There can be a lot to get your head around when it comes to retirement planning: asset allocation, risk tolerance, real rates of return, target date funds — not to mention Social Security and Medicare. Sometimes, it can make you feel like you need a Ph.D. in economics just to make a retirement investment decision — or at least a helpful and knowledgeable financial professional

 

But there’s one area where even the best advisor can’t step in — and that’s knowing the ideal retirement for you. Only you know what that dream is. And this is really where the retirement planning process needs to begin, because the more specific you get, the better chance your plan has to achieve your retirement goals.

 

Besides … isn’t dreaming the dream the fun part? So, grab a pen and paper (or your laptop) and start by answering these basic questions:

 

When do I want to retire? This is a big one. You may think that everyone wants to retire yesterday. While it’s true that some people want to end the daily grind as soon as possible, others may want to work longer because they still enjoy what they do or who they do it with. And for others, the ideal situation might be to downshift into part-time work for a few years before fully retiring — or taking a different job that pays less doing something that’s really fun. Think about what that perfect timeline looks like for you rather than treating your 65th birthday as an arbitrary deadline.

 

Where will I want to live? Perhaps you plan on staying in your current home or relocating to be closer to your children and grandchildren. Maybe you want to sell your house and buy a condo on the beach — or downsize to save money in exchange for an earlier retirement. If you’re really adventurous, your ideal destination might even be outside the U.S. entirely.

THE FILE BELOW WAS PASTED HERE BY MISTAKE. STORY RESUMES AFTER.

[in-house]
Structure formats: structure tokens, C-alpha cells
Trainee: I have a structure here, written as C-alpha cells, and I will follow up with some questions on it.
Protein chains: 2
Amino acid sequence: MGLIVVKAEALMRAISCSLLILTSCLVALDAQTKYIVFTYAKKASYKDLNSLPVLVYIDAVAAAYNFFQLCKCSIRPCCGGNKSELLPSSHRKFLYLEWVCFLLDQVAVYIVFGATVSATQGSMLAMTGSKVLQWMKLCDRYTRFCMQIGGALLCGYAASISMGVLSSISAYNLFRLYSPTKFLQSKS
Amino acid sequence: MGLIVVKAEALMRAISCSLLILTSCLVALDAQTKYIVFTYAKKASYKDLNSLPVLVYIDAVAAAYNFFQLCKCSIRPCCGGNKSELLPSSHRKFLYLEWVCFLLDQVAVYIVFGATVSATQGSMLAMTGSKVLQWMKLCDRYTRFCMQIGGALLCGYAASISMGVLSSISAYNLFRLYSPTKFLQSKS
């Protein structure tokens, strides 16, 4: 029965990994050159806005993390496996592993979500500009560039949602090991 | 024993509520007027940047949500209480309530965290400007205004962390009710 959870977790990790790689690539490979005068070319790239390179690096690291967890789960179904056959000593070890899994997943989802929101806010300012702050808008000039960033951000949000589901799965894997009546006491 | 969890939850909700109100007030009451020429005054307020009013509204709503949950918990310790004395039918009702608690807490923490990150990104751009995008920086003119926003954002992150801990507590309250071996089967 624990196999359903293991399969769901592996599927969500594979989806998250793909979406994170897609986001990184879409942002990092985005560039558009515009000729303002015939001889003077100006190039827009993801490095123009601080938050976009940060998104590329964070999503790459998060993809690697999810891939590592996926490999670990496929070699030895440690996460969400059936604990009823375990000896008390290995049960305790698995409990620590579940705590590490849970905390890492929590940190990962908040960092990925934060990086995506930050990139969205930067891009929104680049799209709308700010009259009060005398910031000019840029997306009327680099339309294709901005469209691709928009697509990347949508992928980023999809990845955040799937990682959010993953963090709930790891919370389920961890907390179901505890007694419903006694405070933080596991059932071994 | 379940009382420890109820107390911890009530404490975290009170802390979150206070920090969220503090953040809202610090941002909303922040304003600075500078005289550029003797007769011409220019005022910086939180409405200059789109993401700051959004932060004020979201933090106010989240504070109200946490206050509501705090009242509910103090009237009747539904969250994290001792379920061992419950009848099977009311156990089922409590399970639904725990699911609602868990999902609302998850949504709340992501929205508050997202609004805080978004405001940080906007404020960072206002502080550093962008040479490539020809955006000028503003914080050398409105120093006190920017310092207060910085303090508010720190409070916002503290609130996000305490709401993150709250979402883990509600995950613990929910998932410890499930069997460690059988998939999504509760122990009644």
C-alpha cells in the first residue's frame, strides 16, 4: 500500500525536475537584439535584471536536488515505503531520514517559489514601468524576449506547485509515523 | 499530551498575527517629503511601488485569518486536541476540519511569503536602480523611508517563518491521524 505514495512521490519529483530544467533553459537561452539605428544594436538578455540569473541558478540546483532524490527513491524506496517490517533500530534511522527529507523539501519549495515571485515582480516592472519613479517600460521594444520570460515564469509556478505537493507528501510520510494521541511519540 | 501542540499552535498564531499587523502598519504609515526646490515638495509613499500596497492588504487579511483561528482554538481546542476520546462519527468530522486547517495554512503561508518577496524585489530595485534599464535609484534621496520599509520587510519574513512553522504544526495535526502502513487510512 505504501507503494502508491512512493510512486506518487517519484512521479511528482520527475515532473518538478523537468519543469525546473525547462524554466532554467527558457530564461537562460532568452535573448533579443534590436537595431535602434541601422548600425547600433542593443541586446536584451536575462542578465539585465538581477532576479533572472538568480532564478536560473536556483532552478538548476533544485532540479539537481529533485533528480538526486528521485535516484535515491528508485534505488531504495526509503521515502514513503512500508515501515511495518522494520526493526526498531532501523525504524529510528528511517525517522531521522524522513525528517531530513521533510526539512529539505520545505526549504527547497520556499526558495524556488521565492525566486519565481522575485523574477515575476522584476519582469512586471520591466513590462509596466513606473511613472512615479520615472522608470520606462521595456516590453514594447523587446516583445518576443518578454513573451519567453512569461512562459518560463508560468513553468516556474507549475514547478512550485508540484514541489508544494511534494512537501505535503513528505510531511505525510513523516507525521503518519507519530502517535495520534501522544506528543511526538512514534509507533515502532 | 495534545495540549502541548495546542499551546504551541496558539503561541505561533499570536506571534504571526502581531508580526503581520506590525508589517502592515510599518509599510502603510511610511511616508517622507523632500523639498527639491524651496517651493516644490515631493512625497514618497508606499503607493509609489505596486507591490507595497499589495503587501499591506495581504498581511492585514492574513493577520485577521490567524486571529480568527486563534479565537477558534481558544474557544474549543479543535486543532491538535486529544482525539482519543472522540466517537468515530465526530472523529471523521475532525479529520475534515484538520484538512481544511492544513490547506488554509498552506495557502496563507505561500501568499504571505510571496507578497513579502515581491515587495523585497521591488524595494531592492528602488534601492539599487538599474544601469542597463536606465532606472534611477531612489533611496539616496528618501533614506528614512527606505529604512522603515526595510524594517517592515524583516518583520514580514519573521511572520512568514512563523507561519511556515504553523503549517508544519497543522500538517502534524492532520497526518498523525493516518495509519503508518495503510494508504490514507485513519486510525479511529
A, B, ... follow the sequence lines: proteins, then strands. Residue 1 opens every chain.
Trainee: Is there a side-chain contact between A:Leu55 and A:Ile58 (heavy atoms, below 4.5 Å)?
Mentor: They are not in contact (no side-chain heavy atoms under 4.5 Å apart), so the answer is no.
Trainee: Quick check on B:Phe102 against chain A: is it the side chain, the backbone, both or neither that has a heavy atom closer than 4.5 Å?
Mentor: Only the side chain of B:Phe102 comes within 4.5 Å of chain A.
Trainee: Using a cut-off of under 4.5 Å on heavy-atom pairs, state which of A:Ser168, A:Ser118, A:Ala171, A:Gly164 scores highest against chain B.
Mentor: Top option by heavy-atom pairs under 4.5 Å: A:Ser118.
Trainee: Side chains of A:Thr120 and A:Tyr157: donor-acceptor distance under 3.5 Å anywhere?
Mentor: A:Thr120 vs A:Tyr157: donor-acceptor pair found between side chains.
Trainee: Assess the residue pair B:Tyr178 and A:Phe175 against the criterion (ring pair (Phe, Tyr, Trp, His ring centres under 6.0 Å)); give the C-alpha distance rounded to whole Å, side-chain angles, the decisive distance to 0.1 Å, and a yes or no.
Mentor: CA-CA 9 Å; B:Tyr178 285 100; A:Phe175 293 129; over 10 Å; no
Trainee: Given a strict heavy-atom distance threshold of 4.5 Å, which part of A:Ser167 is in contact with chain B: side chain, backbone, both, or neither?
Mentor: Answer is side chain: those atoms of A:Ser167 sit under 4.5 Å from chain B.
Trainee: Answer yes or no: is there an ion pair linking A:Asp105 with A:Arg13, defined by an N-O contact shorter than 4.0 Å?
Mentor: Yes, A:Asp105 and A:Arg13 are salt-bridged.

How much do I want to travel? Many retirees look forward to traveling more once they’re no longer clocking in. Consider to what extent travel factors into your retirement dream. Do you want to cruise around the world? Buy an RV and hit the road for months at a time? Or travel to Europe every spring? Also, consider your travel tastes. Are you the type who aspires to stay in four-star resorts lounging in your own personal pool cabana — or are you more of a roadside motel and grab-a-burger type?

 

What hobbies do I plan to enjoy? Some activities may not cost much at all. If you enjoy tending your garden and watching the birds and butterflies visit, that’s going to cost you a lot less than a passion for dressage. There will be a lot of time to fill during retirement, so think carefully about how you’ll want to spend it.

 

What about eating out? Do you look forward to frequent fine dining during your golden years — five-course, white-tablecloth meals complete with a good bottle of cabernet? Eating out frequently, especially at nice restaurants, costs a lot, so it’s important to know how this expense factors into your retirement.

 

Visualize All the Details

 

Once you get all the specifics laid out, create a binder (or a computer file) with photos and descriptions of all the elements of your ideal retirement. Many self-help experts recommend visualizing goals to improve your chance of achieving them. Add to your retirement “dream book” whenever you feel inspired.

 

Of course, there are many other retirement expenses to consider that aren’t quite as fun to think about, such as medical costs. But, starting your plan with a clear picture of your retirement dream will not only help you set more accurate and realistic goals, but it can also help keep you motivated to stay the course when it comes to your saving and investing objectives along the way.